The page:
α+ω > ῶ; α+ὶ > ὶ; α+ὸ > ῶ; α+ε > α
E.g.: οιδαω > οιδῶ ("I know"); οιδαὶтε > οιδὶтε ("you know" (pl)).

ο+ω > ω; ο+ὶ > ὶ; ο+ὸ > ω; ο+ε > ο
E.g.: παнxοὶ > παнxὶ ("he eats"); παнxοεc > παнxοc ("they eat");

Got it? Great, 'cause it only gets harder.


The Optative is quite easy. It just puts -ε͂ι- between the verb root and the suffix. But again, the vowels assimilate (when possible).

ε+ε͂ι > ε͂ι; α+ε͂ι > ᾶι; ο+ε͂ι > ο͂ι;
E.g.: οιδαε͂ιω > οιδᾶιω ("may I know"); παнxοε͂ιεc > παнxο͂ιεc > παнxο͂ιc ("may they eat").


The Coniunctive does something tricky. When verbs have a thematic vowel, it lengthens it, causing it to assimilate differently. (When there is no thematic vowel, it simply puts -e- in between.) Let's take the same examples as before, but this time in the coniunctive:


e+ω > eω; e+ὶ > eὶ; e+ὸ > eὸ; e+ε > e
E.g.: нοιмeὶc > нοιмeὶc ("you could name"); нοιмeὸмα > нοιмeὸмα ("we could name").

ά+ω > άω; ά+ὶ > άὶ; ά+ὸ > άὸ; ά+ε > ά
E.g.: οιδάω > οιδάω ("I could know"); οιδάὶтε > οιδάὶтε ("you could know" (pl)).

ό+ω > όω; ο+ὶ > όὶ; ό+ὸ > όὸ; ό+ε > ό
E.g.: παнxόὶ > παнxόὶ ("he eats"); παнxόεc > παнxόc ("they eat");


There is no visual distinction between the indicative 3pl and coniunctive 3pl of a verb (e.g. between παнxοc and παнxοc), as accents are rarely used. They are pronounced differently: [pɐnxɔs] and [pɐnxos] respectively.

(* I changed this one, but the chart still says ε+ὶ > ὶ.)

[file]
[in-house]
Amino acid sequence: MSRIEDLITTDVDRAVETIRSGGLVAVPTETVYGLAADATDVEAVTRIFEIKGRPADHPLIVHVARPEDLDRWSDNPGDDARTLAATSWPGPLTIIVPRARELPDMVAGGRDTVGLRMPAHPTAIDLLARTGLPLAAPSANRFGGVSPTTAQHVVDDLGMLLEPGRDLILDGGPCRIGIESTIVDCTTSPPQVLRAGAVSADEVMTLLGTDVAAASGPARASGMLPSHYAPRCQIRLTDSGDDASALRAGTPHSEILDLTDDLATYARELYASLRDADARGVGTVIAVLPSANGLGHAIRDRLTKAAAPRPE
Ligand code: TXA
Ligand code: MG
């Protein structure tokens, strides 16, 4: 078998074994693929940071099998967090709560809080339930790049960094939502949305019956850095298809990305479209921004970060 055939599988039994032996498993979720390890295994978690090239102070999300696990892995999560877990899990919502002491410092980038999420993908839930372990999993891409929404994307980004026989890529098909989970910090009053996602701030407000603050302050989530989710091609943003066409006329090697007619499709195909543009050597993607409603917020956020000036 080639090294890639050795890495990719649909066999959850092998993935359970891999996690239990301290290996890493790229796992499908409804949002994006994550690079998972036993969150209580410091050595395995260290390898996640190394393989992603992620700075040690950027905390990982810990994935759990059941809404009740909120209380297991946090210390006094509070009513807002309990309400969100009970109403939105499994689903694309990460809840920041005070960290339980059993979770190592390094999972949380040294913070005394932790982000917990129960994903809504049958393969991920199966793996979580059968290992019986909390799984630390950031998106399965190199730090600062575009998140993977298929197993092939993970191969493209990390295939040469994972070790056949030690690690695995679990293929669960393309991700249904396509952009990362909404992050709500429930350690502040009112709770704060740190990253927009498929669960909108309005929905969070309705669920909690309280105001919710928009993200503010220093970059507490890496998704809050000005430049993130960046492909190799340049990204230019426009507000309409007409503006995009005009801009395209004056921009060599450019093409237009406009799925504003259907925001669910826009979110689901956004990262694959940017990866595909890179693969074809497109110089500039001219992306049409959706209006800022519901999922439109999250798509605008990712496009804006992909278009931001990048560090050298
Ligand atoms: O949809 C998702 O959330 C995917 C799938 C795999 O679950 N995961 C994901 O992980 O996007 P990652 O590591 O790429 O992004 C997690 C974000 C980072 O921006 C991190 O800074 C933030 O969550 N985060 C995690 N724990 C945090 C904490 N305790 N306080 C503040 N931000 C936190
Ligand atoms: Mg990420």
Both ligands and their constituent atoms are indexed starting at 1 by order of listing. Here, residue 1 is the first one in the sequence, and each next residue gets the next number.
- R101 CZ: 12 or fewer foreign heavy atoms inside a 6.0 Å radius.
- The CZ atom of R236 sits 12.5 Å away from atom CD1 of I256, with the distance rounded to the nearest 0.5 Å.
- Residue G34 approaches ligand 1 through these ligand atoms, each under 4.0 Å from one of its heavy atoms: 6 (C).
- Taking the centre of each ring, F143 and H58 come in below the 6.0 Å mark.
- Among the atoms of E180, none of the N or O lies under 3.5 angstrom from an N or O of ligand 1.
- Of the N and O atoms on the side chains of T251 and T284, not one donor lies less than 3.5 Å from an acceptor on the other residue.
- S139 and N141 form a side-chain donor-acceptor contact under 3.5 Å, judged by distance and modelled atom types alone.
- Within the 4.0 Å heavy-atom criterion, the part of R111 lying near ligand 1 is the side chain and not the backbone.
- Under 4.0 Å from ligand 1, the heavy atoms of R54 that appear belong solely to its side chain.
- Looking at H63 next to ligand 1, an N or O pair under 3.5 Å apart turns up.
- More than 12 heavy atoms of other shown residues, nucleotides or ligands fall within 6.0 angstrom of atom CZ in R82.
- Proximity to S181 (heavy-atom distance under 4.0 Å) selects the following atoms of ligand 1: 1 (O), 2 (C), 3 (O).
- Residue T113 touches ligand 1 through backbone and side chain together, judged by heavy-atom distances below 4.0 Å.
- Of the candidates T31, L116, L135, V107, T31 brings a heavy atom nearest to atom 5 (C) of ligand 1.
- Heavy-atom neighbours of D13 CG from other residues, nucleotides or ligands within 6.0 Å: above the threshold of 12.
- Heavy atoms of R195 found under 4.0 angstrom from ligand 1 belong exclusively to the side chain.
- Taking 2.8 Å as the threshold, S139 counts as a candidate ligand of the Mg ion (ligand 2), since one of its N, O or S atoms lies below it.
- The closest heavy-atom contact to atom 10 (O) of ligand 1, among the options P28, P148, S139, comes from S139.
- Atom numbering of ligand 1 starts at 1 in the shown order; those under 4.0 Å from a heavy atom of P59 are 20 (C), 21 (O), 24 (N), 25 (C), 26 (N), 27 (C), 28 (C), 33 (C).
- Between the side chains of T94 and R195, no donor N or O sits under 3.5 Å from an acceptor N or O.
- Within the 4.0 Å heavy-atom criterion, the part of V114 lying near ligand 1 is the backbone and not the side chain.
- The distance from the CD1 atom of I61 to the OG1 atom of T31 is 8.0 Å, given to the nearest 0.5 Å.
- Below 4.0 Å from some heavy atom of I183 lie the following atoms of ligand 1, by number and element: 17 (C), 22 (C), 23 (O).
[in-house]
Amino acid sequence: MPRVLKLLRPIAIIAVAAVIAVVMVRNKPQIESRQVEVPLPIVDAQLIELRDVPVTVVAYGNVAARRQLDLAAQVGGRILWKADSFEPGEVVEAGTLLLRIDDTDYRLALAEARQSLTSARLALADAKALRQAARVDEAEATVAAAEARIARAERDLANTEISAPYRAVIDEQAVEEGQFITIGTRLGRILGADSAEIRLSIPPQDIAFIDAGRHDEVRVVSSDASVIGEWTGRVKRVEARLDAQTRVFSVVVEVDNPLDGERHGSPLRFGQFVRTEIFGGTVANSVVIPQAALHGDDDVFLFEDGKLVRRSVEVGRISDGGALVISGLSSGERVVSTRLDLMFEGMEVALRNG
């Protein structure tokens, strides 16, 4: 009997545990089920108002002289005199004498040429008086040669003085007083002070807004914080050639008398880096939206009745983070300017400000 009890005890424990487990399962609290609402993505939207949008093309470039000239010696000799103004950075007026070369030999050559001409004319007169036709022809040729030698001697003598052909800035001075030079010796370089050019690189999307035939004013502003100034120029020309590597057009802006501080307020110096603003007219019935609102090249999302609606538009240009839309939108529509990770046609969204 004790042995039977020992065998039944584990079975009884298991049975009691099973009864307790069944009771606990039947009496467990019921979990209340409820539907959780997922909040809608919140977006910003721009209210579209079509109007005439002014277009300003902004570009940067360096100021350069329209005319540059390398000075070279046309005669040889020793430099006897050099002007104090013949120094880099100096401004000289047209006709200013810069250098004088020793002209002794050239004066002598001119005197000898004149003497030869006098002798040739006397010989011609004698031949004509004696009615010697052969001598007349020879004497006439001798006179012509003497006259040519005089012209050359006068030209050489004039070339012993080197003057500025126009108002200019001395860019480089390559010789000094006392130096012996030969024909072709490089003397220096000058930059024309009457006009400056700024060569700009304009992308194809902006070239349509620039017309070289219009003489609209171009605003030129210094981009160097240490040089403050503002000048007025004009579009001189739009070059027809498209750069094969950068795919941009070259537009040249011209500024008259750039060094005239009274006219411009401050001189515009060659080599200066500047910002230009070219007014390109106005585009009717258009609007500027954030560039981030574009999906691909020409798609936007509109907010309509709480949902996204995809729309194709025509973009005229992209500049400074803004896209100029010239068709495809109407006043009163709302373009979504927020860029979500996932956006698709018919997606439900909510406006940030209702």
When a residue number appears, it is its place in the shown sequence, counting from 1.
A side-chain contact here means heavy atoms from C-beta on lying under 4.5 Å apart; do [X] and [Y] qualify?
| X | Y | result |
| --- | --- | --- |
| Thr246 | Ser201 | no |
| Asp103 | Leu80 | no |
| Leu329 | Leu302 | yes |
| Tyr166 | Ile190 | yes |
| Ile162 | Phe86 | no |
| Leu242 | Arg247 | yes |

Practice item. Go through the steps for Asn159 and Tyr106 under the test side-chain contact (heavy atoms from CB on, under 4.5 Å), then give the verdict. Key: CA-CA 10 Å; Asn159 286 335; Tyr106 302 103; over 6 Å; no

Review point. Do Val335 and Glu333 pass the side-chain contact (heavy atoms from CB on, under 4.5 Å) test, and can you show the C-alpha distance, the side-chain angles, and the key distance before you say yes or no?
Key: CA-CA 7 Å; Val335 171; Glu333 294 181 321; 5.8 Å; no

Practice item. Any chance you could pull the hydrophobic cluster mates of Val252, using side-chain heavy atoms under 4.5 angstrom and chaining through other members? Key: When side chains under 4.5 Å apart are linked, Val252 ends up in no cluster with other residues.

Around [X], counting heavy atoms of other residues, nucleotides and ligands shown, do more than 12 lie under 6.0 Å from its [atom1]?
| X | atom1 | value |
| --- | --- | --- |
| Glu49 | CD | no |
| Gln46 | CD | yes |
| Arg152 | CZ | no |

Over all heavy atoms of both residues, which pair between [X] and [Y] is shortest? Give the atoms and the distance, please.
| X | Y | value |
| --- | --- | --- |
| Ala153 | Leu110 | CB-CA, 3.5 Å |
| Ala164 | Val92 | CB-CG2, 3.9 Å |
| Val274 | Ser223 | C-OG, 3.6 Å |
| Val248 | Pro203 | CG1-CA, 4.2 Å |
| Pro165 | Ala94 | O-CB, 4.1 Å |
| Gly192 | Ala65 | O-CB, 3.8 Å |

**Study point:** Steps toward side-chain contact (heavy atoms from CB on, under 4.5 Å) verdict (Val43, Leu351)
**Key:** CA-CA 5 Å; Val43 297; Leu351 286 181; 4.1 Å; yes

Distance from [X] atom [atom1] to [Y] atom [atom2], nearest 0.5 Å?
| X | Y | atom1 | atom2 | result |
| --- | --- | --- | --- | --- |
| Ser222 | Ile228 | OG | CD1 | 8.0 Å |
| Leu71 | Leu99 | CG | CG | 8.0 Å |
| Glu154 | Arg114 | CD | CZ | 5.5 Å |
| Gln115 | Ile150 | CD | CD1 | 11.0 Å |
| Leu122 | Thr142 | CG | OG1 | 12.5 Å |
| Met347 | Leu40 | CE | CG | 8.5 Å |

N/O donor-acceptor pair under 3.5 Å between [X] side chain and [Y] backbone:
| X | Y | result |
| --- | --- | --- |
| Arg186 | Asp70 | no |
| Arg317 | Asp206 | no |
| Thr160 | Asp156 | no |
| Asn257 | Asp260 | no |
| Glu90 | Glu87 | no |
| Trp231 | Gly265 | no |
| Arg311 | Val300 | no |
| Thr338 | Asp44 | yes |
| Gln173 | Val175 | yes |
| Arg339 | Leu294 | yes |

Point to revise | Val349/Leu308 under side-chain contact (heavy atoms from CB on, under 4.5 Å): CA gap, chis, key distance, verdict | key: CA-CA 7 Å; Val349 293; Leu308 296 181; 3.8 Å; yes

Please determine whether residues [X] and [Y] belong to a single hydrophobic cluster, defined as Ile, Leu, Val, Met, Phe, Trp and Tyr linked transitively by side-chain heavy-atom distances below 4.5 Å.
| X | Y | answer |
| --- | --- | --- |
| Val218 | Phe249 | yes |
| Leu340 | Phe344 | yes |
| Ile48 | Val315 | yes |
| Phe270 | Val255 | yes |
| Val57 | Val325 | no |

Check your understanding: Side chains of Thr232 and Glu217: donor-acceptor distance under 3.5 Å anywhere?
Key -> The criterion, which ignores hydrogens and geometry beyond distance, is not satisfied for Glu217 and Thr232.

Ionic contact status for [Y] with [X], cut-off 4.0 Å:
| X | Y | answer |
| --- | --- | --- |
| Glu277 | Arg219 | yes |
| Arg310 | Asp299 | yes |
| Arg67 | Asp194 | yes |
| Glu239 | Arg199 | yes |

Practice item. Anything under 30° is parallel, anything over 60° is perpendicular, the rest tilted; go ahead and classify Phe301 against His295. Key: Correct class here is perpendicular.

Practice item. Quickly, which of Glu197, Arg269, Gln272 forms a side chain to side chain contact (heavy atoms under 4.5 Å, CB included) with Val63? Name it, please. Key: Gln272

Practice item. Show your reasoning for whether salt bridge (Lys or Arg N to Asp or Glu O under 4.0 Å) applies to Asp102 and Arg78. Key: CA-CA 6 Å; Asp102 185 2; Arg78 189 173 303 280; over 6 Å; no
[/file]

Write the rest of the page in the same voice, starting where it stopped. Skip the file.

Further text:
So there you have it.

Verbal Vowel Assimilation

Thursday, August 26th, 2010
As a response to yesterday's comment, I will run through the examples given their again, this time with pre- and post-assimilation forms.

If you haven't read seen the TALVAC yet, please 'tab' it as a reference.

The Lurioneski verbs have the following suffices for person and number:

1sg (I)
2sg (you) -ὶc
3sg (he) -
1pl (we) -ὸмα
2pl (you) -ὶтε
3pl (they) -εc

For instance, "I am" is мεнω and "you are" (pl) is мεнιтε.

However, most verbs also have a thematic vowel, which is either -ε, -α, -ο or -υ.
Ignoring the last one (as it is a rather tricky one), they assimilate as usual, meaning they combine with other vowels (in this case those of the verb suffices).

ε+ω > ω; ε+ὶ > ε͂ι*; ε+ὸ > ω; ε+ε > ε
E.g.: нοιмεὶc > нοιмε͂ιc ("you name"); нοιмεὸмα > нοιмωмα ("we name").

α+ω > ῶ; α+ὶ > ὶ; α+ὸ > ῶ; α+ε > α
E.g.: οιδαω > οιδῶ ("I know"); οιδαὶтε > οιδὶтε ("you know" (pl)).

ο+ω > ω; ο+ὶ > ὶ; ο+ὸ > ω; ο+ε > ο
E.g.: παнxοὶ > παнxὶ ("he eats"); παнxοεc > παнxοc ("they eat");

Got it? Great, 'cause it only gets harder.


The Optative is quite easy. It just puts -ε͂ι- between the verb root and the suffix. But again, the vowels assimilate (when possible).

ε+ε͂ι > ε͂ι; α+ε͂ι > ᾶι; ο+ε͂ι > ο͂ι;
E.g.: οιδαε͂ιω > οιδᾶιω ("may I know"); παнxοε͂ιεc > παнxο͂ιεc > παнxο͂ιc ("may they eat").


The Coniunctive does something tricky. When verbs have a thematic vowel, it lengthens it, causing it to assimilate differently. (When there is no thematic vowel, it simply puts -e- in between.) Let's take the same examples as before, but this time in the coniunctive:


e+ω > eω; e+ὶ > eὶ; e+ὸ > eὸ; e+ε > e
E.g.: нοιмeὶc > нοιмeὶc ("you could name"); нοιмeὸмα > нοιмeὸмα ("we could name").

ά+ω > άω; ά+ὶ > άὶ; ά+ὸ > άὸ; ά+ε > ά
E.g.: οιδάω > οιδάω ("I could know"); οιδάὶтε > οιδάὶтε ("you could know" (pl)).